Duke Garwood is a multi-instrumentalist, best known for his languid, bluesy, atmospheric guitar. I first came across him on a Sunday afternoon at Latitude in 2015. Perfect music for the occasion. I was blown away by his guitar playing that day, the richness and warmth of it, the sounds he was conjuring from reverb and tremolo. I was getting hints of Robin Trower over a base of JJ Cale. He was the discovery of the festival that year.
Over the years he’s made a few albums, the best of which, for me, are 2015’s Heavy Love and 2017’s Garden of Ashes. The song titles are straight from the early 1970s: Honey in my Ear, Sweet Wine, Snake Man, Heavy Love, Days Gone Old, Blue. Not to mention the earlier classics, Jesus Got a Gun and Mellow Trucker Lady! Surely, you would say, this man is from the deep American south. But no, he hails from Kent. He’s in his early 50s, and in recent times has collaborated with Mark Lanegan on a couple of albums. His latest solo album, Rogues Gospel, was released last year, though I must admit it completely passed me by. I’ve caught up with it now, and it’s broadly more of the same – perhaps a little more instrumentation, a harder blues feel than the sleepy mellowness of, say, Heavy Love.
I saw Duke play at Nottingham Bodega in 2017 – and then, as far as I could tell, nothing. He does communicate on Twitter from time to time, mostly elliptical musings. I saw no evidence of live performances in this country, until I saw something on social media a month or so ago that suggested he was touring. A quick check and I found that he was playing the Lexington on Pentonville Road. Monopoly fans will know that one – it’s up the hill from King’s Cross, on the way to Islington. The Lexington has a good pub downstairs and a nice venue upstairs with the capacity for around 200 people. I’ve seen some great shows there in the past. It’s where I first came across Emily Barker; and I won’t ever forget the brilliant Wilko Johnson gig in 2011. So I got myself a ticket and suggested to my friend Shane that he might like to come along too. A couple of pints and some mellow blues sounded like a good way to end the weekend.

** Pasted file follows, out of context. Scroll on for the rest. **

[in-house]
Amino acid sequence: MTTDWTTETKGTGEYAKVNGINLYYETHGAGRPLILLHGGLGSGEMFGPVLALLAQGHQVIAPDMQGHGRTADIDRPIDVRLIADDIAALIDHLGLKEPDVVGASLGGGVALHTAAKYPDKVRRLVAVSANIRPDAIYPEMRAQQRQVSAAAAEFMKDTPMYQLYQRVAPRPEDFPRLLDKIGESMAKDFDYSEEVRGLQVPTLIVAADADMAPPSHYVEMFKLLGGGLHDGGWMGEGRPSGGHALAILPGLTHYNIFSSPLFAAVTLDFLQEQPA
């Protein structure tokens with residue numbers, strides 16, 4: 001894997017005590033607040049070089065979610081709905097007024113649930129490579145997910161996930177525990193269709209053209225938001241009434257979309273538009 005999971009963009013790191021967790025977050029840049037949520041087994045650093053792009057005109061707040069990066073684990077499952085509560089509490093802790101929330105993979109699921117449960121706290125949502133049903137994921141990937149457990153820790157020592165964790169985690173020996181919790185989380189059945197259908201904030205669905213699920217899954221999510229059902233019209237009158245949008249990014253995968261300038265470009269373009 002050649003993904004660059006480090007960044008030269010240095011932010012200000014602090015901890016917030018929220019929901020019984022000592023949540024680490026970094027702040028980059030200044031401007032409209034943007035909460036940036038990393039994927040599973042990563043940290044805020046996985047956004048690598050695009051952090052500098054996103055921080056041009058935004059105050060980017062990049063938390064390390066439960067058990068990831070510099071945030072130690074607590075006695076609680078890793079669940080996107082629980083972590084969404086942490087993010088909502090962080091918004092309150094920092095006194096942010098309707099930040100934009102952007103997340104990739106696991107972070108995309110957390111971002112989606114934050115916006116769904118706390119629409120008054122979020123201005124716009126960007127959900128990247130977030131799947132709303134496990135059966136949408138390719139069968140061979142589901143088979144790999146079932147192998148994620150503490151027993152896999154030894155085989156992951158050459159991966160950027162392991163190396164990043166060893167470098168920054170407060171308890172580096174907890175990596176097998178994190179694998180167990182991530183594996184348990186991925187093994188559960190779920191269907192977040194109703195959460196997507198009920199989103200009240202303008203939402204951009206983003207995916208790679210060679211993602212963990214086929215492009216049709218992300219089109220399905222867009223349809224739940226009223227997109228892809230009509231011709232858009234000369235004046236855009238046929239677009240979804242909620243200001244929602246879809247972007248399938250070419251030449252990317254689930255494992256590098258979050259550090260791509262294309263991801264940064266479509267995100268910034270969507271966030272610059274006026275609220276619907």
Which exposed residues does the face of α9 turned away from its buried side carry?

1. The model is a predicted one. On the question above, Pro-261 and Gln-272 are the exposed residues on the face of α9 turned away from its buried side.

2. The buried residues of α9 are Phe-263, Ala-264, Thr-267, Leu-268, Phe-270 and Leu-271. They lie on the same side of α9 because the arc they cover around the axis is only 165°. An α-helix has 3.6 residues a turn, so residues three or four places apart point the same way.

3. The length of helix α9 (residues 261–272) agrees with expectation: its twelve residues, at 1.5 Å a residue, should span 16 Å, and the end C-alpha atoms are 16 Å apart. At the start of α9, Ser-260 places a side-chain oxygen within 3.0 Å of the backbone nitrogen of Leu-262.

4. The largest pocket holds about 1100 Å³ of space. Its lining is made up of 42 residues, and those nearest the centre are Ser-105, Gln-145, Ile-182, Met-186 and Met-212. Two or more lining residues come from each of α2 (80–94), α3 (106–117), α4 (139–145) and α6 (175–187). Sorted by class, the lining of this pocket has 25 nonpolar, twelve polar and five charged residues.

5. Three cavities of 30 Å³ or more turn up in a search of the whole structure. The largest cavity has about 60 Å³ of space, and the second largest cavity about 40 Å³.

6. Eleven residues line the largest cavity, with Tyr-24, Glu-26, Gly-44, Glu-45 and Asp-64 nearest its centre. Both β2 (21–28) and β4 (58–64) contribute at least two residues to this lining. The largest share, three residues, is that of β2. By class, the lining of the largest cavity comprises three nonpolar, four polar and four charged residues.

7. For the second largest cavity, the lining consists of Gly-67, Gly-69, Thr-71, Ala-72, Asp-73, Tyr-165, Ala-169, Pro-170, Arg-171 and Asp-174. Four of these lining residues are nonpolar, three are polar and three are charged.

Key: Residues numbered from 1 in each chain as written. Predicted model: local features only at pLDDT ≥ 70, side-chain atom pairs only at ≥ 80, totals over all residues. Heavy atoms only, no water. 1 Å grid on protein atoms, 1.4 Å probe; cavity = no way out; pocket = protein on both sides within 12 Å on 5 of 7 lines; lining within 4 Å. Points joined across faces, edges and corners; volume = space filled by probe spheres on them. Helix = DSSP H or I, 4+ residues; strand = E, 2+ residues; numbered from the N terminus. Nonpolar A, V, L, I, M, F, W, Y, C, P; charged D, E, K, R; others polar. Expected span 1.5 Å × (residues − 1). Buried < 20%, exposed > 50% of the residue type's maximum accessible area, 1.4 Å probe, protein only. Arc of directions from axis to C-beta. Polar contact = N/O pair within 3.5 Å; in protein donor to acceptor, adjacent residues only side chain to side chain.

And that’s exactly what we got. Duke was back to a three piece, after having an additional guitarist back in 2017. Checking my 2015 Latitude photos, I think they may well have been the same drummer and bassist. Didn’t catch their names, I’m afraid, but they laid down a nice simple groove, over which Duke wove his musical spells. The finest Louisiana blues, straight from the garden of England! Or maybe the Thames marshlands gave him a taste for the sounds of the Mississippi delta and the Floridan everglades. Whatever, I love the sounds that he draws from his guitar, caressing the strings, fingers sliding up and down the fretboard, a flip of the tremolo arm. And the fuzz, the reverb – sultry, swaying, seductive, soporific. The swamp blues.
They played for an hour and a quarter, and that was just fine. There’s not a huge variation in melody or rhythm – with one exception towards the end of the main set, when Duke picked up the maracas and raised the tempo of his voice while the bassist powered the song along with a relentless, strident rhythm. It was quite rousing! It got the biggest round of applause. But soon we were back to our familiar groove, nodding gently – to the beat and in appreciation of a master of his craft.
A very satisfying evening – a helping of Duke Garwood takes you to a better place!